Here is the keyboard backlight in action. It lights up (and switches off) in segments, which is something we've never seen before in a notebook, and we think it's a nice touch.
There is a 110x68mm Synaptics ClickPad touchpad located on the Envy 15's ample palm rest. It feels smooth, supports gestures such as two-finger scrolling and three-finger flicks, and its left- and right-click buttons are located under the pad, which provides more room for moving the cursor. However, the right-click button felt terrible during our tests; it seemed like it was hitting a part of the chassis, making each single click feel like a double click. We also noticed that the touchpad sometimes wouldn't recognise our gestures or taps and we had to perform these actions two or three times before they would work.
As for audio, this is one are in which the Envy 15 is a cut above many notebooks on the market. Its speakers, of which two are at the front, two are at the top and two are located under the unit (as a sub-woofer), produce clear sound and a nice range of frequencies. They allow for a fuller music listening experience than most typical laptops can supply. The focus isn't on being loud, which means you can turn the volume all the way up and not have it distort at all. It's still loud enough to fill a bedroom or a modest living area with an enjoyable listening level.
You can tinker with the quality of the output through the Beats Audio console, which can be accessed by pressing the volume control button. It allows you to adjust the bass, treble and mid-range frequencies with great ease. We wish the notebook had a line in port though, as it doesn't allow you to plug in and listen to (or record) audio from analogue devices. The microphone port is strictly for external microphones only.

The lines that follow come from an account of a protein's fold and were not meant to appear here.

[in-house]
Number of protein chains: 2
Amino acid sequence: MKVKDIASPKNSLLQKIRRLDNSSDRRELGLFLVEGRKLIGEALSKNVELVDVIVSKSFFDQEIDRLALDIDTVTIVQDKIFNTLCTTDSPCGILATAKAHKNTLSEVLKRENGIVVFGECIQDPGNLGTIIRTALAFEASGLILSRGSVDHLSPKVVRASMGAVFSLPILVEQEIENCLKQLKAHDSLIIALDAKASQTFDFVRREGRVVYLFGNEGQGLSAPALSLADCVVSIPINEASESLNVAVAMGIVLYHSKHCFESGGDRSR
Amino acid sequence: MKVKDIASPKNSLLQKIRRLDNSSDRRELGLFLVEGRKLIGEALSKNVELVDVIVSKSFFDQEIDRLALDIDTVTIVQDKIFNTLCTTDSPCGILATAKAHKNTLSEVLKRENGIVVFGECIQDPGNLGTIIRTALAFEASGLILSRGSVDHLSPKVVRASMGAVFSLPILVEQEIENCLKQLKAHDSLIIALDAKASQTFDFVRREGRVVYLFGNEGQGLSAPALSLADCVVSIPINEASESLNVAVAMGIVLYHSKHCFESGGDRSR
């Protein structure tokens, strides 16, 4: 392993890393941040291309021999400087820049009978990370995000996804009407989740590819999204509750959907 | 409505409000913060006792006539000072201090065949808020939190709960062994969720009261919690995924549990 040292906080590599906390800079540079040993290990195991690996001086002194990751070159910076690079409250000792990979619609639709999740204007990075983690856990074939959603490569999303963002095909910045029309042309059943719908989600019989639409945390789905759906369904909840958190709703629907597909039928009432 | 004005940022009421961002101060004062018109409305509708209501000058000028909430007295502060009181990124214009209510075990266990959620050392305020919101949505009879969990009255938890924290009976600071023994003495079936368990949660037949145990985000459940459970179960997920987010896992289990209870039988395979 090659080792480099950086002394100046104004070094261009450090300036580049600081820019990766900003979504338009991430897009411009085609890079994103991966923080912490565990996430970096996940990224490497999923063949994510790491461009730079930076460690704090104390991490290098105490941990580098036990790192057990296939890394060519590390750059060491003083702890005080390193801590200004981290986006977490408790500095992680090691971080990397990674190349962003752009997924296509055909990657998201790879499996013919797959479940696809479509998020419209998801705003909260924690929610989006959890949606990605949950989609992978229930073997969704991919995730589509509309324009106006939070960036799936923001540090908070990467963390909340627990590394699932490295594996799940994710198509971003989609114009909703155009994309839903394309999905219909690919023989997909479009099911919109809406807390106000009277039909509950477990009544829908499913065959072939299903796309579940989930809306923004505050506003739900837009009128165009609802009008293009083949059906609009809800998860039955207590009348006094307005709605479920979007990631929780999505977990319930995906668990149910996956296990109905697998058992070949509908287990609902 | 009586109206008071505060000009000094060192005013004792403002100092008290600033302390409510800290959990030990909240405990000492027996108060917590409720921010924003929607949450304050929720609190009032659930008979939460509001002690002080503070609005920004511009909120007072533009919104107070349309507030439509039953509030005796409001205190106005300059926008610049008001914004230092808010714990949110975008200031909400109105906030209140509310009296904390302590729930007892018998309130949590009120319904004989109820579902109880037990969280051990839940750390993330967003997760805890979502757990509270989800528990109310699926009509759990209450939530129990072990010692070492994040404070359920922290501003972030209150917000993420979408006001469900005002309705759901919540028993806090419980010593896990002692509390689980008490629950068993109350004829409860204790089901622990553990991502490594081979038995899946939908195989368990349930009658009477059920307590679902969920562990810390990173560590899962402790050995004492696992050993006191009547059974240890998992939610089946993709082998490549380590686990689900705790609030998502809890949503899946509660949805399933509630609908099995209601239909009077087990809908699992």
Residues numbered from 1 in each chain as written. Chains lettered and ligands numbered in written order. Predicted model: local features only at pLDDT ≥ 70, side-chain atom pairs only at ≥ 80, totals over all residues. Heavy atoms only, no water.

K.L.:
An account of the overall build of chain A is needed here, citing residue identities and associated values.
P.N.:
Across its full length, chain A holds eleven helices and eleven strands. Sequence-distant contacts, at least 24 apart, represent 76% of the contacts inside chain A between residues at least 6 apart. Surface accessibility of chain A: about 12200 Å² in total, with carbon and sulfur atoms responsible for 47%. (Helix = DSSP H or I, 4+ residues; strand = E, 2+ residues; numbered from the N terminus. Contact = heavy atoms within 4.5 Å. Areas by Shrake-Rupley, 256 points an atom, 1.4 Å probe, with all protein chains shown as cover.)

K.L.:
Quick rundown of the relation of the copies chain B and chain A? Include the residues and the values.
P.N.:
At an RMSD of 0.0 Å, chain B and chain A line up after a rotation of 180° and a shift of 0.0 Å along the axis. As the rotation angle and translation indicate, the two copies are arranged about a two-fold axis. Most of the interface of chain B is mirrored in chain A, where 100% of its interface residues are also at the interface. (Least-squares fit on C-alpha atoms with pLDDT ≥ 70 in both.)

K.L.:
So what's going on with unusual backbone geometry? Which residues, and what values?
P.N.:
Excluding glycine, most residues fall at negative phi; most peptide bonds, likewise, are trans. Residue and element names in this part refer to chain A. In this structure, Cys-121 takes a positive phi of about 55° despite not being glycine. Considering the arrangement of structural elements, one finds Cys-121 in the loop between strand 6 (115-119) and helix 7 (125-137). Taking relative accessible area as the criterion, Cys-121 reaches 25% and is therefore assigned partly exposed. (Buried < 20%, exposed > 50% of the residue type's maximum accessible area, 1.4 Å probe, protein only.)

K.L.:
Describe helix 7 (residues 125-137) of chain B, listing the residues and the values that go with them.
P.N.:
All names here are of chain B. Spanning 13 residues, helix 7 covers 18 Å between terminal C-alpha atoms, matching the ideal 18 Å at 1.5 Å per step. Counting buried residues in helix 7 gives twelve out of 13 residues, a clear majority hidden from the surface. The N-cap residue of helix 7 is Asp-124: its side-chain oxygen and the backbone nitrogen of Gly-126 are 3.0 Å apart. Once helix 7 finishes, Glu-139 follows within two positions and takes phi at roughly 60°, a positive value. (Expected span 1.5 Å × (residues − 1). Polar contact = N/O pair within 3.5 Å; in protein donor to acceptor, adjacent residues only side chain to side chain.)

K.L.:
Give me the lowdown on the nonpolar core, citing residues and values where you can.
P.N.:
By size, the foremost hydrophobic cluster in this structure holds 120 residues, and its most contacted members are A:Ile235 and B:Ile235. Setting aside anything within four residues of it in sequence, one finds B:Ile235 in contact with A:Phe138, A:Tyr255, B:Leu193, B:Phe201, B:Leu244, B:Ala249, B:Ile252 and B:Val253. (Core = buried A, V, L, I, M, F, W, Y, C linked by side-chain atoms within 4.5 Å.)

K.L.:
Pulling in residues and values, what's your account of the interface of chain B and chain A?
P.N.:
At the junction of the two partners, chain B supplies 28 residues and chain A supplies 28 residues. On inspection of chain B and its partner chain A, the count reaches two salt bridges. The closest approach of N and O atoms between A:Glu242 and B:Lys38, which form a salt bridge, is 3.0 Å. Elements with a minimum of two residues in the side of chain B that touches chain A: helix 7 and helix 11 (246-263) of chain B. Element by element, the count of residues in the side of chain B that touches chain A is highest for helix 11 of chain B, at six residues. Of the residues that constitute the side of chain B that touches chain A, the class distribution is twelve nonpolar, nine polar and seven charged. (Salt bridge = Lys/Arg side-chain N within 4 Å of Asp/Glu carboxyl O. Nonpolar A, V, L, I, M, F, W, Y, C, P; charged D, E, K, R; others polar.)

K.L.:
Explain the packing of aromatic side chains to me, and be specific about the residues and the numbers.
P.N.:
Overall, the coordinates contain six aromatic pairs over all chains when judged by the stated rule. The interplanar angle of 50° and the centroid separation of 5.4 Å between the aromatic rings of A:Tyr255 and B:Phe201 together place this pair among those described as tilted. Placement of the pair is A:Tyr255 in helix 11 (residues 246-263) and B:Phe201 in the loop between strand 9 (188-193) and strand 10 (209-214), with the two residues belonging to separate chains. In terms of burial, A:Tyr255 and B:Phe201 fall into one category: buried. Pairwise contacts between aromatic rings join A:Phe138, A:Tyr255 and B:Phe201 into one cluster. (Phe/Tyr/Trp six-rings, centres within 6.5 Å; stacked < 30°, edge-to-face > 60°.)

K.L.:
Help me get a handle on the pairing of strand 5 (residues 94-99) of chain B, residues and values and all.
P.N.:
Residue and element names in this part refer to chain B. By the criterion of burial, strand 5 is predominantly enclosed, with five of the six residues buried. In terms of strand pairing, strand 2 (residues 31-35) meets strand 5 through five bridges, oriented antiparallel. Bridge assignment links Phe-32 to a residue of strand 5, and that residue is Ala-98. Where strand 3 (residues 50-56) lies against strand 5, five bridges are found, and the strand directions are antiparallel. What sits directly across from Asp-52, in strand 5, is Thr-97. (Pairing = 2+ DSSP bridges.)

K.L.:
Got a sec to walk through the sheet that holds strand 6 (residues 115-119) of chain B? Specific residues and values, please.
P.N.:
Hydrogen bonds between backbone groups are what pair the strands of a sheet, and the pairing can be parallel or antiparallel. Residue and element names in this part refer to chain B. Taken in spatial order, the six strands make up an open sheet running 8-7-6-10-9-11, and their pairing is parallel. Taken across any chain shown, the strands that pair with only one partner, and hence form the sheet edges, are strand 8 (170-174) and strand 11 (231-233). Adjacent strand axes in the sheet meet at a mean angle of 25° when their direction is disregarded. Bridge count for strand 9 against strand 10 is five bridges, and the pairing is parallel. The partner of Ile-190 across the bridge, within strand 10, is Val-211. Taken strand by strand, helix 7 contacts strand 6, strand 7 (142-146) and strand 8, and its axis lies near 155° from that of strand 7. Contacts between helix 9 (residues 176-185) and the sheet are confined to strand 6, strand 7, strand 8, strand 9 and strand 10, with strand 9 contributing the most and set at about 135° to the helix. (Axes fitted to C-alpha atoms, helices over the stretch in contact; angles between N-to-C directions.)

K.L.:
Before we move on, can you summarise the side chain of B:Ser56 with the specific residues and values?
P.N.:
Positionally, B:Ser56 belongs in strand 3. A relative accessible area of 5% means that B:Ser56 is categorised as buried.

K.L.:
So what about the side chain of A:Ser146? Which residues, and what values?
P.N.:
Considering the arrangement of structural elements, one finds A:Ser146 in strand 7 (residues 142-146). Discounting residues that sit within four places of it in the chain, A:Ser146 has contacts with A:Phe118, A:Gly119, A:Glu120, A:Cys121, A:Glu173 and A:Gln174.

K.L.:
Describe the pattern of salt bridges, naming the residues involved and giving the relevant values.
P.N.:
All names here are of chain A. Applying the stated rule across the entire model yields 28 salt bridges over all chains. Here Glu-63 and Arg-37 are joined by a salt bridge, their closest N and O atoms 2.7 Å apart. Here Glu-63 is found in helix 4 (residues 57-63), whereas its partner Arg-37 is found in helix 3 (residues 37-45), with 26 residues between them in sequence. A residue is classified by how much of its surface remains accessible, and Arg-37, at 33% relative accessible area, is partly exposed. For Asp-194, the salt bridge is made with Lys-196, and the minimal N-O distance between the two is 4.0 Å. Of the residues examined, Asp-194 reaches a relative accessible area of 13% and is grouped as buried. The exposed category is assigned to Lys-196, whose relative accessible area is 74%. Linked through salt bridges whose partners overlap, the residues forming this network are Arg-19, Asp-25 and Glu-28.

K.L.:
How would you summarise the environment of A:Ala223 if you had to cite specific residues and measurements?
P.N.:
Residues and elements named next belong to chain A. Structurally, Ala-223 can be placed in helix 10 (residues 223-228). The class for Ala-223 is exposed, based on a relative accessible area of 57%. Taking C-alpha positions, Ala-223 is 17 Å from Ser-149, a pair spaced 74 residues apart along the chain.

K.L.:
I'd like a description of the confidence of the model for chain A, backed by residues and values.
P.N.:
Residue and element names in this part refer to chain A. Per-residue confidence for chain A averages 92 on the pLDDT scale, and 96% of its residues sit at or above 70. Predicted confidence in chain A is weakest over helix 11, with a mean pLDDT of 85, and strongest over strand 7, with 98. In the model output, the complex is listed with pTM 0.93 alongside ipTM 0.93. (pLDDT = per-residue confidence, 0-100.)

While we like the rotational volume control a lot, it could stand to be better. After using the Envy 15 for a couple of weeks straight, the button on the volume control started to feel like it was sticking. Furthermore, the location and size of the control, as well as its looseness, means that it's very easy to change the volume accidentally while moving your hand up and down the right side of the keyboard. If the audio is muted, accidentally moving the volume control will un-mute it.
Here is the Beats Audio processing in action. The sound is lifeless without it enabled.
Other features of the HP Envy 15 include a webcam and a built-in microphone, Bluetooth and a dual-band, 802.11n wireless adapter (Intel Centrino Advanced-N 6230). Its screen has a native resolution of 1366x768 and features edge-to-edge plastic, which gives it a reflective and therefore annoying finish. It can be hard to watch videos and edit photos because of the screen's glossiness.
The Envy 15 ships with Adobe Photoshop Elements 9 and Adobe Premiere Elements 9 pre-installed, so you can start being creative right away.
Specifications and performance
On the inside, the HP Envy 15 is stocked with a potent configuration that can tackle pretty much anything except enthusiast-level gaming. It features a quad-core, Intel Core i7-2670QM CPU, which is a 2.2GHz CPU that also has Hyper-Threading, allowing it process eight software threads simultaneously. It's great for multi-tasking and for running multi-threaded media encoding or editing applications. It's joined by 8GB of DDR3 (1333MHz) SDRAM, automatically-selected Intel HD 3000 and AMD Radeon HD 7670M graphics adapters, and a 750GB, 7200rpm hard drive (model number W7500BPKT-60PK4T0).
This configuration put up a time of 29sec in our Blender 3D rendering test, 47sec in our iTunes MP3 encoding test and 44min in our AutoGordianKnot DVD-to-Xvid conversion test. These results aren't quite as fast as what we've seen from other laptops equipped with this CPU, such as the MSI X460, but they are still very good. The hard drive recorded a transfer rate of 64.3 megabytes per second (MBps), which is a satisfying showing, while in CrystalDiskMark it recorded a read rate of 123MBps and a write rate of 83MBps, which are also very decent results.